Fire Stories

Fire stories from the national parks highlight events, incidents, and the like, associated with fire and fuels management, as well as fire education, technology, partnerships, and more. Stories highlight work related to Department of the Interior initiatives as well as local and regional initiatives.

A student in a hardhat stand amongst golden aspens.

A student is dwarfed by some trees in the plots that were waist high last year.

Youth Study Succession after Fire and Flood

Yukon–Charley Rivers National Preserve
Cohesive Strategy—Maintain and Restore Landscapes*

In early September 2011, the Alaska National Park Service (NPS) Fire Ecology Program and Yukon–Charley Rivers National Preserve interpretive staff held the 7th annual field–based education program for Eagle Community youth. Twelve students ranging from 5th through 12th grade joined the fun. The Alaska NPS Wildland Fire Management Program established the education event in 2004 when Eagle was threatened by multiple wildfires. In the fall of 2004 after the wildfires were no longer a threat, NPS staff and Eagle students established, studied, and photographed fire effects plots in a variety of burned areas.

Following the rare and notable 2009 spring flood that inundated the community, Jennifer McMillan, Alaska NPS Assistant Regional Fire Ecologist, incorporated post–flood monitoring plots into the education program focused on youth involvement.

A student in a hardhat holds a plot marker in a plot area

A student holds a plot marker in a plot area,

This year, students measured the post–fire and post–flood effects plots and discovered a rapid re–growth of young deciduous trees in both sets of plots. Sapling trees that were waist–high just a year or so ago now are taller than the students!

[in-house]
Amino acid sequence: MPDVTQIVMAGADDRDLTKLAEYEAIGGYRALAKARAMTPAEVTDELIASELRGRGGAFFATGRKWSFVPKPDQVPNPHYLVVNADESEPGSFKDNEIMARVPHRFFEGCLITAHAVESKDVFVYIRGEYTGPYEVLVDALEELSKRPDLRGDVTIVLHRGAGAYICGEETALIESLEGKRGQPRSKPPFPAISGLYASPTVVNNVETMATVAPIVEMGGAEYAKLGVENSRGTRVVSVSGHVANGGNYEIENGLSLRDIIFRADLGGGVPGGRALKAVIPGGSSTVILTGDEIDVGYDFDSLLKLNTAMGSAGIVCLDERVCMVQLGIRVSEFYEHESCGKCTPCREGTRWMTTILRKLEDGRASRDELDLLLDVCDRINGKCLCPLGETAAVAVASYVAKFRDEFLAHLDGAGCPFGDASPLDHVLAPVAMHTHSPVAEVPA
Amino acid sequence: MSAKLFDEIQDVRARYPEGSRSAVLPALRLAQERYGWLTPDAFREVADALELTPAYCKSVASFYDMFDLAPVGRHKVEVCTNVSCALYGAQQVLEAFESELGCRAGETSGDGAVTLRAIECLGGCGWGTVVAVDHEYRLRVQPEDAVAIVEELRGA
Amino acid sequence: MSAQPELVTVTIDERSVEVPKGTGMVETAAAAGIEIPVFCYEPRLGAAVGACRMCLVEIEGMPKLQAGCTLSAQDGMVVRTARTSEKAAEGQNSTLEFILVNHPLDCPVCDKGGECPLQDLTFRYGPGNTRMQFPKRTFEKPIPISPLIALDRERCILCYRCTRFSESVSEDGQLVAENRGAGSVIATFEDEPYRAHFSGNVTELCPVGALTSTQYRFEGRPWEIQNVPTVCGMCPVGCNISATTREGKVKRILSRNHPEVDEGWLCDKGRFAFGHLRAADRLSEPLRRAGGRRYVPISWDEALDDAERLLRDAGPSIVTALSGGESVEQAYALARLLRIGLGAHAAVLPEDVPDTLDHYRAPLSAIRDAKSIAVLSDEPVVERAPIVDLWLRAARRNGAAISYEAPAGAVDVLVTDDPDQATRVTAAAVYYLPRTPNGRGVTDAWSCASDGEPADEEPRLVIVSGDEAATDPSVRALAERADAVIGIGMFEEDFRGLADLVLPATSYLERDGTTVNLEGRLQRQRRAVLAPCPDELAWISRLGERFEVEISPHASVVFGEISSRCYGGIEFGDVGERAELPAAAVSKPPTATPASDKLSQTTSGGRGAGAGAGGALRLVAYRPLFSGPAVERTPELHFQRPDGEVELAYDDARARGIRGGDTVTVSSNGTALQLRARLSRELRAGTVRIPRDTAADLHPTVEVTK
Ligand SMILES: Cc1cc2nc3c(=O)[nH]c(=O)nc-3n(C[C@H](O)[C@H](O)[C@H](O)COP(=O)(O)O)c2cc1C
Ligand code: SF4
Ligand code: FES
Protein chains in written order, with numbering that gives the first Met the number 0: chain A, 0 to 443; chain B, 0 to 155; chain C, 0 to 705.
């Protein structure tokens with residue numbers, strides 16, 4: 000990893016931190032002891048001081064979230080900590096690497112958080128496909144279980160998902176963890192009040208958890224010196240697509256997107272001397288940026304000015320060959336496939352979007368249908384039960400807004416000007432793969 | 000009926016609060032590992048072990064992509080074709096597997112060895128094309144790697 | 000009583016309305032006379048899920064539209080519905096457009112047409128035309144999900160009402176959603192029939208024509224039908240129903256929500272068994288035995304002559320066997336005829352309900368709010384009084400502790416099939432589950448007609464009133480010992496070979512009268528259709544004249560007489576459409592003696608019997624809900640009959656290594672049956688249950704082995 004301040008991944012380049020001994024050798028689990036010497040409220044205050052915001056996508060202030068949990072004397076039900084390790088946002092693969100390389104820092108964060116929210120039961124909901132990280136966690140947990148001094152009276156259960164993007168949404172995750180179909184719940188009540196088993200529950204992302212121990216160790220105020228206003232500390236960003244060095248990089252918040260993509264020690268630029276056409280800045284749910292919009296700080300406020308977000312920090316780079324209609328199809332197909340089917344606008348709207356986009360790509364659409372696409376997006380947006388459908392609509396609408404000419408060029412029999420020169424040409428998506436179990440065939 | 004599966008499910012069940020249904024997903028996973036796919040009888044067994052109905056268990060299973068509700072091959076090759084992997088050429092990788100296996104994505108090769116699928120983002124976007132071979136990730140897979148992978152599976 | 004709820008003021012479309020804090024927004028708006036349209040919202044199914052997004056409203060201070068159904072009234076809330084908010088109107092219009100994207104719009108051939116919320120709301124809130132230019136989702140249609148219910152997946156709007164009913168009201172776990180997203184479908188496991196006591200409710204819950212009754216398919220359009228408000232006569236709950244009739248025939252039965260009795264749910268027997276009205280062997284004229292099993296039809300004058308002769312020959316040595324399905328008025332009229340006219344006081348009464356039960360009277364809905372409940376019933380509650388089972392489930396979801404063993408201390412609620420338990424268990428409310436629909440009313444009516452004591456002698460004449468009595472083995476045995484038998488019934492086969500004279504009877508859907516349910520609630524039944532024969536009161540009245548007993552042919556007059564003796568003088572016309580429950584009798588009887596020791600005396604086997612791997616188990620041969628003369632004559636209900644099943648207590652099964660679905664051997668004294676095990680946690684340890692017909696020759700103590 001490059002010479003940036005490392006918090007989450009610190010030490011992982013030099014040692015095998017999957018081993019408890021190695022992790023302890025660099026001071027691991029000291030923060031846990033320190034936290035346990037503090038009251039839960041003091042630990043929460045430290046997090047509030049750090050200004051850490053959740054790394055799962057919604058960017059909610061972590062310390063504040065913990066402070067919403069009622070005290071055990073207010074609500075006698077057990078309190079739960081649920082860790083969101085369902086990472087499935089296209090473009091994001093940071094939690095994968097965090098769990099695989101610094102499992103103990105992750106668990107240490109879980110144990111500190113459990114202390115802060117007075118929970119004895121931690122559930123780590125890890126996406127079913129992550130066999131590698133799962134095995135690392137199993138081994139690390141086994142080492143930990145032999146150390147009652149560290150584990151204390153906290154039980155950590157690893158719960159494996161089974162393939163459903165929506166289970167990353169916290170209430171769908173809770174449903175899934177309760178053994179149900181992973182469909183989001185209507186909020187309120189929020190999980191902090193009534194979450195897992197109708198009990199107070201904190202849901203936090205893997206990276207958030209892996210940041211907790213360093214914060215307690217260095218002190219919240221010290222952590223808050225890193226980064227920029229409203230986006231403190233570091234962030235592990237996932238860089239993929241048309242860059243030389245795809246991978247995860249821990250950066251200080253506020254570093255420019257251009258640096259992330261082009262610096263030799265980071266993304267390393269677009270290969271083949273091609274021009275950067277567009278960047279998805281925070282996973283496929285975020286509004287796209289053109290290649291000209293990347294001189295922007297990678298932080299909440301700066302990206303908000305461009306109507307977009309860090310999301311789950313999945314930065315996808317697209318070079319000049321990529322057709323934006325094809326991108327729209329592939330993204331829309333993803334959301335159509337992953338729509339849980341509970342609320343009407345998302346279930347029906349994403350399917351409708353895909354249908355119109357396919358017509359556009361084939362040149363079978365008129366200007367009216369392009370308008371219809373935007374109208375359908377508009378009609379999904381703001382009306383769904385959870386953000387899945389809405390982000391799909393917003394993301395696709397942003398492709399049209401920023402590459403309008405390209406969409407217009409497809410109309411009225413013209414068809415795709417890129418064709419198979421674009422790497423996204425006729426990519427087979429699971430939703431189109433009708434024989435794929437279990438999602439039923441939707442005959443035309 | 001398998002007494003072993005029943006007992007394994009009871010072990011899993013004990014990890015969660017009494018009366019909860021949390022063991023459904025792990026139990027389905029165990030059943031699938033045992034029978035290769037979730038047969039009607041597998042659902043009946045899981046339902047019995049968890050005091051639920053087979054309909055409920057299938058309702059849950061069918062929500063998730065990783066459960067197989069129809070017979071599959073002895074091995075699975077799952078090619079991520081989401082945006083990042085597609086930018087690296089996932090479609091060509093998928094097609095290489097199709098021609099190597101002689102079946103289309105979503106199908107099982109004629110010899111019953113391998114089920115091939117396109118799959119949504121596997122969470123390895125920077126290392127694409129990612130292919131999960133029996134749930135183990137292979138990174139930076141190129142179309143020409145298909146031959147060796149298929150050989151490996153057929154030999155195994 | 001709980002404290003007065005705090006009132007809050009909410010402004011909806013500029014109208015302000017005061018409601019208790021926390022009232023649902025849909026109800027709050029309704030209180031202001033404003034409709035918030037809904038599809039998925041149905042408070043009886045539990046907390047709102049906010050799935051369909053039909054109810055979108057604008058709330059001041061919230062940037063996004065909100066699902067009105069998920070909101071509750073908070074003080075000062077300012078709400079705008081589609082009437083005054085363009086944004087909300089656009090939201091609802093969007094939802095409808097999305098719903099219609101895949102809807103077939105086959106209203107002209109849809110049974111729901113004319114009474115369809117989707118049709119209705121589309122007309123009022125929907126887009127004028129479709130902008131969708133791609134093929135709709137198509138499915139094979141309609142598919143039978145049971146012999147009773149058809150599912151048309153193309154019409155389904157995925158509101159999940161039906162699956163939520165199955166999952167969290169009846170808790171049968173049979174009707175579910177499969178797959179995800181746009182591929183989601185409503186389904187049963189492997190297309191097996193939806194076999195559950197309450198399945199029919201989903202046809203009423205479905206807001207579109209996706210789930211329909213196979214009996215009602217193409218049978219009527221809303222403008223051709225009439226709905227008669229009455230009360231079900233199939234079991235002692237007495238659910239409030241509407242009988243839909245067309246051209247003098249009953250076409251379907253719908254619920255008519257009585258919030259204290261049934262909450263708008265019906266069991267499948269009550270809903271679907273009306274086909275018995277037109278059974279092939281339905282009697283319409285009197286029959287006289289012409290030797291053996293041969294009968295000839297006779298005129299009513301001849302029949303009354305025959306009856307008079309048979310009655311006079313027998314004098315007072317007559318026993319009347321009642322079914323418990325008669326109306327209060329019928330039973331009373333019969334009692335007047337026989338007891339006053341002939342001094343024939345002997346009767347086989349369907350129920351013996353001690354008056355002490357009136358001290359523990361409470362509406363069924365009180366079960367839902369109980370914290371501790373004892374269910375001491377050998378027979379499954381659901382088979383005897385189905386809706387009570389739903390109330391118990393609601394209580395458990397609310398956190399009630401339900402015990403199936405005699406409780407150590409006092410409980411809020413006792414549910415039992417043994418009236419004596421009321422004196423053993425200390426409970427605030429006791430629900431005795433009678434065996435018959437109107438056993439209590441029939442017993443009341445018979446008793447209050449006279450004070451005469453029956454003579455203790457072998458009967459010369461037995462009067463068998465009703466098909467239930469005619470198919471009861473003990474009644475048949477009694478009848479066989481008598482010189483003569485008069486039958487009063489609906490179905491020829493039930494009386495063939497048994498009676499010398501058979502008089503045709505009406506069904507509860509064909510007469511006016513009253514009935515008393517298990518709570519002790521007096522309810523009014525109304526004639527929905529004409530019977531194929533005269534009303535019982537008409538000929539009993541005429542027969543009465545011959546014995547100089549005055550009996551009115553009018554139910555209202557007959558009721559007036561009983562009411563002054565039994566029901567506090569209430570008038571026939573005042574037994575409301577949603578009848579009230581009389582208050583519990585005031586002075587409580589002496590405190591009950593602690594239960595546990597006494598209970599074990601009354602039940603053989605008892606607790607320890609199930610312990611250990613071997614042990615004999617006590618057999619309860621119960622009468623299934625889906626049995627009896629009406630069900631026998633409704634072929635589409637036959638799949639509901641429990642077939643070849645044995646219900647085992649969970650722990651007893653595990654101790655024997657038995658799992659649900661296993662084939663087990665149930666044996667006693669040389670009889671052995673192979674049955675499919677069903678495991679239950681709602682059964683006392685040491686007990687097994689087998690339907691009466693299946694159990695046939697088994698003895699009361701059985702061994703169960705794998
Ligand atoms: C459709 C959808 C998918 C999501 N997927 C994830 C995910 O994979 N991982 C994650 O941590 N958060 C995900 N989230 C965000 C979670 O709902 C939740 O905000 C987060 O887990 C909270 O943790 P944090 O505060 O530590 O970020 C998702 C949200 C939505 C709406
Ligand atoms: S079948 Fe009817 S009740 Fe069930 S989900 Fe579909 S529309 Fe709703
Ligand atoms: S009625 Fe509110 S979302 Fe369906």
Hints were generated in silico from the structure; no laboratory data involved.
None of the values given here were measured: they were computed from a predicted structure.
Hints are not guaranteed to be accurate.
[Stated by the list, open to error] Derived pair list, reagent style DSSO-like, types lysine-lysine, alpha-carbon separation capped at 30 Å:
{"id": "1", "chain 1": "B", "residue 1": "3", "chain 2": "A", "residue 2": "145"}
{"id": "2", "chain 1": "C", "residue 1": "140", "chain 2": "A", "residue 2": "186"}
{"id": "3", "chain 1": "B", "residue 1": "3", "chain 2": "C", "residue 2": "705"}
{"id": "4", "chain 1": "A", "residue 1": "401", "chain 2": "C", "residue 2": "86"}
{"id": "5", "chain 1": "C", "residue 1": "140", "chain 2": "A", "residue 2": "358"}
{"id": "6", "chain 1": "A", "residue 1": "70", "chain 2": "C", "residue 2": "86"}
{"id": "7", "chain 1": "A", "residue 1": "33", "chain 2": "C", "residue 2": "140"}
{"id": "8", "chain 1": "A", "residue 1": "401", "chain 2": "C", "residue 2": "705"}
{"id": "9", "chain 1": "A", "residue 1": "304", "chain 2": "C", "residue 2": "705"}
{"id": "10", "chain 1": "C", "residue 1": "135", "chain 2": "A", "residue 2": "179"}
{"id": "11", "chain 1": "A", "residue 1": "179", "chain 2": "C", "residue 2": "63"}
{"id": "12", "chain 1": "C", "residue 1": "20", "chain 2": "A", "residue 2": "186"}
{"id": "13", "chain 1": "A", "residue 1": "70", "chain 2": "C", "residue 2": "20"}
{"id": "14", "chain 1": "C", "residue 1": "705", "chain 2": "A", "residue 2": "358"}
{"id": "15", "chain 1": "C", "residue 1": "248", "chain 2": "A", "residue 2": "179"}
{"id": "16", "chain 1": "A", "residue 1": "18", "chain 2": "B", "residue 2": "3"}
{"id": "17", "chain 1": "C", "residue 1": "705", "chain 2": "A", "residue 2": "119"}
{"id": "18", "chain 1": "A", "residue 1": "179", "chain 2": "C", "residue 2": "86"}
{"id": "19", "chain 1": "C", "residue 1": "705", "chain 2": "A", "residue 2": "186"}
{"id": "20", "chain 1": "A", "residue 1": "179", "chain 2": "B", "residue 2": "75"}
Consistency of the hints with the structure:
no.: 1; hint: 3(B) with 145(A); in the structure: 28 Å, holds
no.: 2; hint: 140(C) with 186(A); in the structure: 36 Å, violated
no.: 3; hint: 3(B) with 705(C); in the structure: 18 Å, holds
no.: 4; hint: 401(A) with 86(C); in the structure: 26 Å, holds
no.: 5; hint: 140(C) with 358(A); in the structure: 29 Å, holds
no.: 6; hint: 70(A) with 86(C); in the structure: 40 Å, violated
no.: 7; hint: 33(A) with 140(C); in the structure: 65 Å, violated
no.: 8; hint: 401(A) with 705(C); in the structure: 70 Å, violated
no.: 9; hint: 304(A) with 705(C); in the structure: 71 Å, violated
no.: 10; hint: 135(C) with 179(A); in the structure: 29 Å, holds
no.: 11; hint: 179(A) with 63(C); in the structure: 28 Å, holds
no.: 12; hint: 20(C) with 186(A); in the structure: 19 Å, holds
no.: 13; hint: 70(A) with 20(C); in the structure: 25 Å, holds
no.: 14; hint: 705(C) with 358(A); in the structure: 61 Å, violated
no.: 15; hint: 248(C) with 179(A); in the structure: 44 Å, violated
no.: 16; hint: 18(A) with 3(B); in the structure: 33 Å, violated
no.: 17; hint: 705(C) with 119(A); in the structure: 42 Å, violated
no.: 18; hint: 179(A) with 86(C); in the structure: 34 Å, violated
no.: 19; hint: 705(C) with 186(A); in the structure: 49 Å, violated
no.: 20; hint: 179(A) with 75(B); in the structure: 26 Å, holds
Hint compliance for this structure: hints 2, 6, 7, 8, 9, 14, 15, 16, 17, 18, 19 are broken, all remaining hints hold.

By studying vegetation re–growth after fire and flood, students learn that dramatic natural events do not necessarily have a negative effect on the important environment their community relies on for sustenance. For example, the ecology education program measures moose and other animal habitat use in flooded and burned areas.

This NPS field–based program continues to receive a warm reception from the Eagle community. It is an enjoyable and informative way for students to become more familiar with their surrounding ecosystem.

For more information about this creative program visit http://www.nps.gov/akso/nature/fire/stories.cfm and click on Eagle Community School – Annual Ecology and Education Program under 2009 Stories and Eagle School Children & AK NPS Fire Management Track Forest Succession Following Intense Fire Season under 2007 Stories.

Contact: Jennifer McMillan, Assistant Regional Fire Ecologist

Email: jennifer_mcmillan@nps.gov

Phone: (907) 455-0656

*This story supports the Department of the Interior initiatives.